‘It was not in dispute that in 1983 several plots of arable lands near the abattoir at Khubetsoana previously used by the Plaintiffs were removed from their lawful possession and use pursuant to the Legal Notice No. 88 of 1983.’
‘The special plea of prescription is upheld and the action is dismissed with costs’.
5.When the said fields are/or arable lands were taken the plaintiffs were neither given a fair hearing and/or any hearing at all, nor were they compensated for their said interests in the arable land.
6. As a result thereof the plaintiffs suffered loss of their said interests in the land and have never been compensated in connection therewith to date’.
(c) That the 1st and 2nd Respondents shall not be restrained from interfering the arable land at Selakhapane …
(d) That the 5th Respondent be and is hereby restrained and interdicted from doing anything in the future to cause or authorize any transfer of the property in issue to anybody …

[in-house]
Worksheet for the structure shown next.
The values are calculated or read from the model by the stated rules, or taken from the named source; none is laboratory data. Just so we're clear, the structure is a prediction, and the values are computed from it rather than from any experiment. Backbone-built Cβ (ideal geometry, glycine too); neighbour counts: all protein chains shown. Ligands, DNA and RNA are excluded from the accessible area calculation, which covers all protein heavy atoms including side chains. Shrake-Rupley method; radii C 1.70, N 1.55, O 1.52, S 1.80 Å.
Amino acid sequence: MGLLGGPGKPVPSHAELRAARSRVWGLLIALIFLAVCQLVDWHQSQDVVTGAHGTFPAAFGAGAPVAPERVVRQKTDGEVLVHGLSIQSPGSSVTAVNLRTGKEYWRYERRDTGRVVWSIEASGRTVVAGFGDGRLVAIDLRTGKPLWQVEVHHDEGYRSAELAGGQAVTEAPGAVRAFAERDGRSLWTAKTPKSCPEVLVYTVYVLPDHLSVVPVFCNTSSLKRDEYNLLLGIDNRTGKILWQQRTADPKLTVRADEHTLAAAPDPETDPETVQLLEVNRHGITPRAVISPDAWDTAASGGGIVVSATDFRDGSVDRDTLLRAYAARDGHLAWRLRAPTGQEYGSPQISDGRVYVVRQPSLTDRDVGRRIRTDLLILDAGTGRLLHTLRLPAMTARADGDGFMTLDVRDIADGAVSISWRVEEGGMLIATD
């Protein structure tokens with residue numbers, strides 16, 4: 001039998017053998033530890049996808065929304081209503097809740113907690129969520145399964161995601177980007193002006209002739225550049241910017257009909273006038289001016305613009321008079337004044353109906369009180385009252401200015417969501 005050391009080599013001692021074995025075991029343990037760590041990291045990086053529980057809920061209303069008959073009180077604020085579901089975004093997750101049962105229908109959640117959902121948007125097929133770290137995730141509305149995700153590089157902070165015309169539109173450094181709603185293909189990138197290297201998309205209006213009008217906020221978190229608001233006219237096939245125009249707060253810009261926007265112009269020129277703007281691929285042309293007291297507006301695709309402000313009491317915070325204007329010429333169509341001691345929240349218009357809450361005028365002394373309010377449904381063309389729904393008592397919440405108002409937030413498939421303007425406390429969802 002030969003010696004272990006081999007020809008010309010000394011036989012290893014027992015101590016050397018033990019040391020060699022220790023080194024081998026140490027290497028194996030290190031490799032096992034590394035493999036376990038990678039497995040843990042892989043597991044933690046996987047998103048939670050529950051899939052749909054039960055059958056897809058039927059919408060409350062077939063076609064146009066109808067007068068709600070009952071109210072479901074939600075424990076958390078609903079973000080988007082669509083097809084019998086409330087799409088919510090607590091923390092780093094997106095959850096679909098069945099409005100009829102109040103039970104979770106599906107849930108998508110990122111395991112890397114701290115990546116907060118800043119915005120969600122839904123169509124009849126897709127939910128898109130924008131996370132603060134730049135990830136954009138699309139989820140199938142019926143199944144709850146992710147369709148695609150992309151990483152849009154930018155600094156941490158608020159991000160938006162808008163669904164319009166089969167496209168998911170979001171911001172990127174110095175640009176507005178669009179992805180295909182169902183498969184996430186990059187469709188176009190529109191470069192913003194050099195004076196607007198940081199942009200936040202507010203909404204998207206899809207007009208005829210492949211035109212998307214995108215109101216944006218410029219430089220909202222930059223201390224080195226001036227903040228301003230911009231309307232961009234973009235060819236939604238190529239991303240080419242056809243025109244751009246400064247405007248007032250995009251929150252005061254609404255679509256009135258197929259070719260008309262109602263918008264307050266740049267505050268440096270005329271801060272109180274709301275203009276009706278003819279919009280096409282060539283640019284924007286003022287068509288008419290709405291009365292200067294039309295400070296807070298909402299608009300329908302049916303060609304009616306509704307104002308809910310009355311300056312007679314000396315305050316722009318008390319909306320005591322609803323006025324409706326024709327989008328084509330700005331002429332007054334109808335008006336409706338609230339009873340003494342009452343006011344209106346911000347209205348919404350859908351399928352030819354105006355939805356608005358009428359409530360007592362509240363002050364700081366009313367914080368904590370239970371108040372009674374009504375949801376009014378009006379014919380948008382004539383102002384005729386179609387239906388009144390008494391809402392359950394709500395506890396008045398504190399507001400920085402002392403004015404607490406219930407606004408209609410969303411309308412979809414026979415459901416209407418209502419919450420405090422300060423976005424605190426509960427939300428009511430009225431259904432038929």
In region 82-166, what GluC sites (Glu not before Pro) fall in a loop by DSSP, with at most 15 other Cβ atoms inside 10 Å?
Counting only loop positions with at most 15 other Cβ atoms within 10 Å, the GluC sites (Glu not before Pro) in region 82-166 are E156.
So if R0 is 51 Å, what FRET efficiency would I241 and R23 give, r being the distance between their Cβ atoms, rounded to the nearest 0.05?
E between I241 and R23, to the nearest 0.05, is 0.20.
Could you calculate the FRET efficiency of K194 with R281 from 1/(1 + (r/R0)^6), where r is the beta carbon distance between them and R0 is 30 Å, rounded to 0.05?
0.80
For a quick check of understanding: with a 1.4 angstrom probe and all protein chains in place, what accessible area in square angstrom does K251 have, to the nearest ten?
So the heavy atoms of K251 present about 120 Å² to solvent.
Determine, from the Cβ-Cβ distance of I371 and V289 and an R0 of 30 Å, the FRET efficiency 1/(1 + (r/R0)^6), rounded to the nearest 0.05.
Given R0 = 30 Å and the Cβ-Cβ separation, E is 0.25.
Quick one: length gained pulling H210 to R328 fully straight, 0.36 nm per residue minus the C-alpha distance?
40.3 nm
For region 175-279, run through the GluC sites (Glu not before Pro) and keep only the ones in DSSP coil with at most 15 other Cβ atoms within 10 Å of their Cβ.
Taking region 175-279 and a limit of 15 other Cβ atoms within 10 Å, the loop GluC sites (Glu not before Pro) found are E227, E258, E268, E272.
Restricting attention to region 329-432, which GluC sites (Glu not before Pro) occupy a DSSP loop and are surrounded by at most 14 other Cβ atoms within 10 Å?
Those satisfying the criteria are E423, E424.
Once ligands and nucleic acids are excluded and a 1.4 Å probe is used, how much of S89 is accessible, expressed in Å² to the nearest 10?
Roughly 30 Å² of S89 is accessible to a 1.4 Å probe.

(e) That 1st and 2nd Respondents be interdicted from holding themselves out as the authorized people to supervise ploughing of the place in issue…
(f) And or interdicting 2nd Respondent from entering into any agreements placing encumbrance upon or creating any charge, pledge, option, mortgage or any agreement and or understanding which have the effect of binding the place in issue in favour of any third party …
2. An order interdicting 1st Respondent from interfering with, disrupting or restricting in any manner whatsoever access to or from, peaceful, undisturbed and beneficial use, occupation and enjoyment of the arable land of Applicants.
3. An order declaring the compulsory acquisition of the land at Selakhapane, Berea by the 1st and 2nd Respondents as unlawful.
5. An order permanently evicting the Respondents from the place at Selakhapane.’ (Emphasis supplied).